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Music Piracy Hasn’t Disappeared, It Has Only Changed, and It Is a Big Problem for Artists
November 13, 2020 — Music piracy is thought of as a 21st-century problem, but it has been going on since at least the 1950s. Back then, popular rockabilly music was banned in the Soviet Union, but that did not stop Russian music lovers from getting ahold of copies. The intrepid pirates would press albums onto used X-rays and sell the bootleg copies underground — the copies were eventually nicknamed ‘bone records’.
In the 1960s and ’70s, vinyl ruled the music scene, but that did not prevent piracy either. While it seems to be a closely guarded secret on the internet, people in those decades would make physical copies of vinyl records using wax. In the ’80s and ’90s, the cassette tape ruled, and piracy became a part of pop culture with the advent of the mixtape; people would record popular songs off the radio onto blank cassettes.
It was not until 1999 and Napster’s rise that the term ‘music piracy’ came about. The rise of the internet created a massive problem for the music industry since a single music file could be shared with millions of people worldwide. Napster was eventually sued out of relevance, and the music landscape changed rapidly in a decade — from paid singles on iTunes to the rise of streaming services like Spotify. Now that music libraries are available to stream over multiple services for nominal prices, many believe that the age of piracy is over, but that is not the case – piracy has not disappeared; it has only changed.
As internet service providers began to crack down on torrent downloads, pirates had to find a new way to steal their music, so they turned to a new technology called stream ripping. Stream ripping is a process in which software records a song streaming on the internet to create a copy stored on the computer — much like the ’80s when people were recording radio songs onto cassettes. Prominent music streamers like Deezer, Spotify, and YouTube have been fighting back against stream rippers, but the software and the people who use them persist.
Stream ripping is a big problem by itself since it is essentially stealing an artist’s intellectual property, but it becomes an even bigger problem when you learn how much artists are getting paid for those streams. Streaming services pay almost nothing per stream of a song, with YouTube being the lowest at .00069 per stream and the new Napster (formerly Rhapsody) paying the most at .019 per stream. So, on a platform like Spotify, a track would need to be streamed upwards of 30,000 times for the artist to make $1,000. For radio-ready artists, 30,000 streams may not seem like much, but it can be a high benchmark for an independent artist. When those streams start getting taken away because of stream ripping and illegal online sharing, it will absolutely hurt the artist.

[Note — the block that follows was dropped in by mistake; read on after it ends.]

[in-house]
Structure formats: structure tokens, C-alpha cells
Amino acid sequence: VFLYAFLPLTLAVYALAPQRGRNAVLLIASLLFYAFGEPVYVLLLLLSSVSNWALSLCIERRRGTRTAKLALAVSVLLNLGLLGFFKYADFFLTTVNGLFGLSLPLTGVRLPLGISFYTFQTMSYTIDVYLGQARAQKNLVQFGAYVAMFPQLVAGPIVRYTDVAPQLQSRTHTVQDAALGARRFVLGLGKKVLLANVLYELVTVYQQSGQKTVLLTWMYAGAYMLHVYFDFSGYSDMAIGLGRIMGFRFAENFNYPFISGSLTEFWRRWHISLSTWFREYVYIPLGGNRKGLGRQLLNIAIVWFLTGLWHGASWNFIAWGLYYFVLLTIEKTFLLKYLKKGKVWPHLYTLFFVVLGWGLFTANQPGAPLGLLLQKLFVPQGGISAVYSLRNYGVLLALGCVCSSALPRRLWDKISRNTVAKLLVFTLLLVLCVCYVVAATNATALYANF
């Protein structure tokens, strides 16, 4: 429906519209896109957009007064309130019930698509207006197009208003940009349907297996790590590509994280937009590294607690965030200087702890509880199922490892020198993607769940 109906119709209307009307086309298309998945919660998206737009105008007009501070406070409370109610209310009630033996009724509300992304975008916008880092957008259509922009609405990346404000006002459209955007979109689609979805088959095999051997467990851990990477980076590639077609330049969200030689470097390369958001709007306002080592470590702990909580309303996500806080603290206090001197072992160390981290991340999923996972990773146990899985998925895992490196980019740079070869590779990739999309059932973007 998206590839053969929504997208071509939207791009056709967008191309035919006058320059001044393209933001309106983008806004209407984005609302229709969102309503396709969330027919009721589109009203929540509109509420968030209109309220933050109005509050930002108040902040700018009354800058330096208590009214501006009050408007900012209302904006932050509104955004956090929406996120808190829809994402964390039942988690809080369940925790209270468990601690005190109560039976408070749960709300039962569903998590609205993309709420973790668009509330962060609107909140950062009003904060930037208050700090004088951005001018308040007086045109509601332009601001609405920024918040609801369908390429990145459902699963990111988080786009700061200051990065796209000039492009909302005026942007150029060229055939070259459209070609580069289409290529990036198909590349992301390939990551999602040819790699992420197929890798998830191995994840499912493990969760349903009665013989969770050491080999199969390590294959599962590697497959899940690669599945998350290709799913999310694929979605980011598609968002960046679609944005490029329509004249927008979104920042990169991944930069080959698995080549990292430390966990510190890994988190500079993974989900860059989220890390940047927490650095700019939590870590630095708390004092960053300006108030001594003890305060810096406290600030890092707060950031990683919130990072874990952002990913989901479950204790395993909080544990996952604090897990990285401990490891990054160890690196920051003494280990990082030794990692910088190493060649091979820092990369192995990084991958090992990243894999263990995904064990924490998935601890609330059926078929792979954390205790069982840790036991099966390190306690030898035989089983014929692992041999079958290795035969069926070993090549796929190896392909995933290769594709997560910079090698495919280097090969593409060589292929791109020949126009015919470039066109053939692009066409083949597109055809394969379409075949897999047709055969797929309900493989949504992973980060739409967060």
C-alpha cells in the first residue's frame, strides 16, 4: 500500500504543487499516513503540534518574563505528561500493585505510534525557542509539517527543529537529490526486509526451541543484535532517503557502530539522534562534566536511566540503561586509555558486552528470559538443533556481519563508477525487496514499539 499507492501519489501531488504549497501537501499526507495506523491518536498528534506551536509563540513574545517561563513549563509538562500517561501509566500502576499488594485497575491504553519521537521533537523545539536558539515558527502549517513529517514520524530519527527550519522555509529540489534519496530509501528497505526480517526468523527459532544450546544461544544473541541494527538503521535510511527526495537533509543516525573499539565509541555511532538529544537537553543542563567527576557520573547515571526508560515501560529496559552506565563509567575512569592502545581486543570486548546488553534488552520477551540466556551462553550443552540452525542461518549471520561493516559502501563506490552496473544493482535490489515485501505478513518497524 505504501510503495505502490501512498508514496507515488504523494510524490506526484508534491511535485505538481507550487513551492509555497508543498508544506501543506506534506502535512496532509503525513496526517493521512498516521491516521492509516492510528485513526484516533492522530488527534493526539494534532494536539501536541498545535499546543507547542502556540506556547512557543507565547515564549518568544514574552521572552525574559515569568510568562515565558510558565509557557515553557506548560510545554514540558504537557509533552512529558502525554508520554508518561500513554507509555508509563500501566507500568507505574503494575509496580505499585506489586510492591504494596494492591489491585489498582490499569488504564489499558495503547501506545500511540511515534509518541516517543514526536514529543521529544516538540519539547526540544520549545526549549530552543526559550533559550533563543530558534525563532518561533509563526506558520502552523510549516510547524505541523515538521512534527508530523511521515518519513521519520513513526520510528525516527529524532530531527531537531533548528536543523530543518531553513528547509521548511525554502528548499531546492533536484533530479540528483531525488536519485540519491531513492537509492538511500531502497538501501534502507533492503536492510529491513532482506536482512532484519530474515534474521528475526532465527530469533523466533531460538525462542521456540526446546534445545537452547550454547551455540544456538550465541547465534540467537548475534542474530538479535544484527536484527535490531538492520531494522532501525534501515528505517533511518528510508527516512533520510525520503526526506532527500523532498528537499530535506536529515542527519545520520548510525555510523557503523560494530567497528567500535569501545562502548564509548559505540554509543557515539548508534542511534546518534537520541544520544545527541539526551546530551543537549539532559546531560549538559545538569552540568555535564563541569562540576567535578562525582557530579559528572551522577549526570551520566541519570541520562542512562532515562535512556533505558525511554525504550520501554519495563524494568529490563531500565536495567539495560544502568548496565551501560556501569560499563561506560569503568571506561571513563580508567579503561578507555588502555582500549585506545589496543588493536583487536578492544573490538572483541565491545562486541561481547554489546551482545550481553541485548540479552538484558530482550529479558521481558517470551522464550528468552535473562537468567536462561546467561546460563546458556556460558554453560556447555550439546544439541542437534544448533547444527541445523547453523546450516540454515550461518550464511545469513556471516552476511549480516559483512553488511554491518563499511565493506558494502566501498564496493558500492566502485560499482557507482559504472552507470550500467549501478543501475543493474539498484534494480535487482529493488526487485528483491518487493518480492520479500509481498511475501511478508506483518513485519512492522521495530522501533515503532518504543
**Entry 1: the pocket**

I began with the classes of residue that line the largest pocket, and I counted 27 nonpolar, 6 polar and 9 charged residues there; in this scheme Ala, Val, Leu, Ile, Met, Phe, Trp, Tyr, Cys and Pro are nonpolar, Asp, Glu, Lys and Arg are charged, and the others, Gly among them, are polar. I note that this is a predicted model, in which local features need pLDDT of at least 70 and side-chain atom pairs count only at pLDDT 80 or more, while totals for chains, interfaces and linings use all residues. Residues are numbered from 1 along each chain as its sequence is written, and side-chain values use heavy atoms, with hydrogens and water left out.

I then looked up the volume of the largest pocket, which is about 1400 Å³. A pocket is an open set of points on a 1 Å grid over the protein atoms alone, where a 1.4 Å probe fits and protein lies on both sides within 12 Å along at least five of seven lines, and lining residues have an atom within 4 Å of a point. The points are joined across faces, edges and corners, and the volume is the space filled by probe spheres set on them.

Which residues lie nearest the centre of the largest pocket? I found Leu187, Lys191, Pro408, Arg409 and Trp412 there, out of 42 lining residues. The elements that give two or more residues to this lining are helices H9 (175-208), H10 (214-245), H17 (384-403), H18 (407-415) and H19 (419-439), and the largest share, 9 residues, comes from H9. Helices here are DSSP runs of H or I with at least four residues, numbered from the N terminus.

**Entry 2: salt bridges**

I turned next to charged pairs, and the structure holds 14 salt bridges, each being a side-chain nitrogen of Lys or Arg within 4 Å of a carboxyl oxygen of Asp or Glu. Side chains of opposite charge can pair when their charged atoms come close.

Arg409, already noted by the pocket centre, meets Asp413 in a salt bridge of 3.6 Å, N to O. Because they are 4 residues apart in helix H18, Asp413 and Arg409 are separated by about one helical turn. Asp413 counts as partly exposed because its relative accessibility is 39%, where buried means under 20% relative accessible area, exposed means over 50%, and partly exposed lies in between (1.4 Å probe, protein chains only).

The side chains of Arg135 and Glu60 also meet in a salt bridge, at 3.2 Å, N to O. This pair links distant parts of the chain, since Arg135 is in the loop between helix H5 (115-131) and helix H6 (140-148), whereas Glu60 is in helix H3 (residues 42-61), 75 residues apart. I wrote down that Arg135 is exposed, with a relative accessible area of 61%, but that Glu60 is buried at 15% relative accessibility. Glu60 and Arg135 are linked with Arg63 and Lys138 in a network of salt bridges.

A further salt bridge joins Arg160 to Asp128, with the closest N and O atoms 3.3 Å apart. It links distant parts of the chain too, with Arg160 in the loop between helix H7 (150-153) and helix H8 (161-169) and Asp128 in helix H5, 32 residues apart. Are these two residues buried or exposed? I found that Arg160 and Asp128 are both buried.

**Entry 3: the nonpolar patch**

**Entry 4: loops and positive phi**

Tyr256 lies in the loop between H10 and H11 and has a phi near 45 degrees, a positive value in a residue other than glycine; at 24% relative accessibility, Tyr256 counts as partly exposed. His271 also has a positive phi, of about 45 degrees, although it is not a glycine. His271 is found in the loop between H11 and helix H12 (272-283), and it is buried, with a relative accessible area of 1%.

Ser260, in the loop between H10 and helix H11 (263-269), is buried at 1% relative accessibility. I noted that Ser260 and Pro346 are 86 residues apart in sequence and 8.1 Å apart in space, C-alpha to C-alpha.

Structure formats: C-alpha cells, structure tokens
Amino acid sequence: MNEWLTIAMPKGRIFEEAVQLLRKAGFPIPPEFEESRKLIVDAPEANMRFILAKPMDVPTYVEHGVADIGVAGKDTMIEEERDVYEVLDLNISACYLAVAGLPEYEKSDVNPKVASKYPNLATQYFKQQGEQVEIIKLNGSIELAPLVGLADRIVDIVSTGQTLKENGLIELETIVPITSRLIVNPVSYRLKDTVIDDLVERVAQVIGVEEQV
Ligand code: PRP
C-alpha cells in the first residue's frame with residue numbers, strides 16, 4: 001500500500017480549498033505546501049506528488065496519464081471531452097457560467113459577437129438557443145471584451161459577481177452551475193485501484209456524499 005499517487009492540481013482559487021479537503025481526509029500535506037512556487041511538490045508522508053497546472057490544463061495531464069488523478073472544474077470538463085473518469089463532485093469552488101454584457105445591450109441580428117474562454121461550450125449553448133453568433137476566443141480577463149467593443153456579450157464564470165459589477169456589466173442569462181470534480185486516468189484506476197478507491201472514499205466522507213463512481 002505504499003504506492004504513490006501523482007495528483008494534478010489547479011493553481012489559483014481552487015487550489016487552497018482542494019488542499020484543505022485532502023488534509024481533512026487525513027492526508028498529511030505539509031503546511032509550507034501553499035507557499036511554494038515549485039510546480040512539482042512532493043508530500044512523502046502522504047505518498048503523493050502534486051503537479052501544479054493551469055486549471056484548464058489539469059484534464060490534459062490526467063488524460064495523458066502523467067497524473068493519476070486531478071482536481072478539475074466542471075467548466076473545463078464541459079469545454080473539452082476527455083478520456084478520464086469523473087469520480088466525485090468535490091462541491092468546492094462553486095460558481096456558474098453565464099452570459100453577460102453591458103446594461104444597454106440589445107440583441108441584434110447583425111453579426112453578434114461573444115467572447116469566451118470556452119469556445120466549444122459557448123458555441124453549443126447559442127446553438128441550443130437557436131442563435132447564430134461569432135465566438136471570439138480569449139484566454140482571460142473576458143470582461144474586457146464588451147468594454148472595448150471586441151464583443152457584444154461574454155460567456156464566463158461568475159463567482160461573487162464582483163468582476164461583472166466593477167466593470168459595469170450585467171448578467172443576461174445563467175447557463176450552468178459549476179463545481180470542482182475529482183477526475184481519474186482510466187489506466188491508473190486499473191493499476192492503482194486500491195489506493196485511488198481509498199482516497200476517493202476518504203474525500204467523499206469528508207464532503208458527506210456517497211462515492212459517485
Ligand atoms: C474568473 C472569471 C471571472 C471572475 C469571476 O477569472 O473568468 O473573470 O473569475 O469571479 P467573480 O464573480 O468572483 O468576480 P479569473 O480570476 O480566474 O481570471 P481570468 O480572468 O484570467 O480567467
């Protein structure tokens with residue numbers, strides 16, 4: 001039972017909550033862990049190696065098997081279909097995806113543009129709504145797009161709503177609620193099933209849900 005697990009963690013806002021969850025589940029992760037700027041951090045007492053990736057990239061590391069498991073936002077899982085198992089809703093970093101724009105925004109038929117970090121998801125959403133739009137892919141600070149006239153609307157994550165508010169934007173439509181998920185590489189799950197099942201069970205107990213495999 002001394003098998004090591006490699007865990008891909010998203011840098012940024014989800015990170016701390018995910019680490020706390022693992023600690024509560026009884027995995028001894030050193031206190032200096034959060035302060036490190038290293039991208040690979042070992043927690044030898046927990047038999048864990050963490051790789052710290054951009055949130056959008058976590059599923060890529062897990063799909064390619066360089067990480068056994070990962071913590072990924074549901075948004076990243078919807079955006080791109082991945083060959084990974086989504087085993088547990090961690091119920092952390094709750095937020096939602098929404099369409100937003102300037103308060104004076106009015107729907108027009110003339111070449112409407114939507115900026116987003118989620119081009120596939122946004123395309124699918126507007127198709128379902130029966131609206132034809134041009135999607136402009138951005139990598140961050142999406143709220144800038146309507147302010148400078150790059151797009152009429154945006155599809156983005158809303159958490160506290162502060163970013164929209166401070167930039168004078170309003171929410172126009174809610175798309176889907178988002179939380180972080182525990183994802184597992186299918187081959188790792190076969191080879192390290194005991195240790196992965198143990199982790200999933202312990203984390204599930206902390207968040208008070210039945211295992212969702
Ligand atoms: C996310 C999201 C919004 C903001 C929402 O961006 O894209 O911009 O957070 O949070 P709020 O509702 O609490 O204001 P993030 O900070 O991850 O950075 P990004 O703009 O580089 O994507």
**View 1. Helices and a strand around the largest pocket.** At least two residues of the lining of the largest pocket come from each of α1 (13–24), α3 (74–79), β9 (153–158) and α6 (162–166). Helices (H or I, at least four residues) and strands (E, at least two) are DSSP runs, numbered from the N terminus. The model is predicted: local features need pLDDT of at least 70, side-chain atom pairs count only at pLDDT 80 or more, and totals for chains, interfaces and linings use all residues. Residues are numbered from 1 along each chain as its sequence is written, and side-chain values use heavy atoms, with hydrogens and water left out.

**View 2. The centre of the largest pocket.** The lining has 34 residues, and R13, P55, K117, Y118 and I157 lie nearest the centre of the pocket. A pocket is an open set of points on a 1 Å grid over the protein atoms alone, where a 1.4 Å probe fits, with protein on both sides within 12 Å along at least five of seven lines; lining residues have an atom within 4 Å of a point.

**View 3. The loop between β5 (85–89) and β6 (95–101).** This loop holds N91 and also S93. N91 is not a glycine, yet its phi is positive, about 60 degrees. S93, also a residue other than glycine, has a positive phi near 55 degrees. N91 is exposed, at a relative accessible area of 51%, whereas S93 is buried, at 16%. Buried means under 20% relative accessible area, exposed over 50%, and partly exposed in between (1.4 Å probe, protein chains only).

Unfortunately, it seems as though pirates are always one step ahead of music distributors, and despite their best efforts, we can never rely on music piracy to be over. The good news is that, while the internet has caused issues for artists, it has also opened up new opportunities for those artists to make money. One of the most lucrative and promising ways for artists at any stage of their career to make substantial money is through synch licensing — a process in which a deal is made between an artist and media company for the artist’s music to be used in their productions.
Synch licensing is booming as independent and big-budget media enterprises look for fresh music for their projects. License deals are being worked out worldwide for artists to be paid to have their music featured everywhere, from amateur YouTube channels to major motion pictures and big-budget video games. Successful licensing agreements mean guaranteed money for the artist, so they do not have to rely as much on streaming revenue, and in some cases, the synch-licensing deals can net artists substantial income.
Music piracy has evolved over the decades, but it has not seemed to slow down, much less disappear. Stream ripping and several other factors have made it harder for artists to make money from their craft and some may be looking for safer alternatives to make a living from their work. Synch licensing will continue to be a potential option for artists at all stages of their careers to have another income stream in the rapidly changing music landscape. Since it does not seem that music piracy is going anywhere, it is up to artists to further advocate for themselves and look for more paths to earn the money they deserve.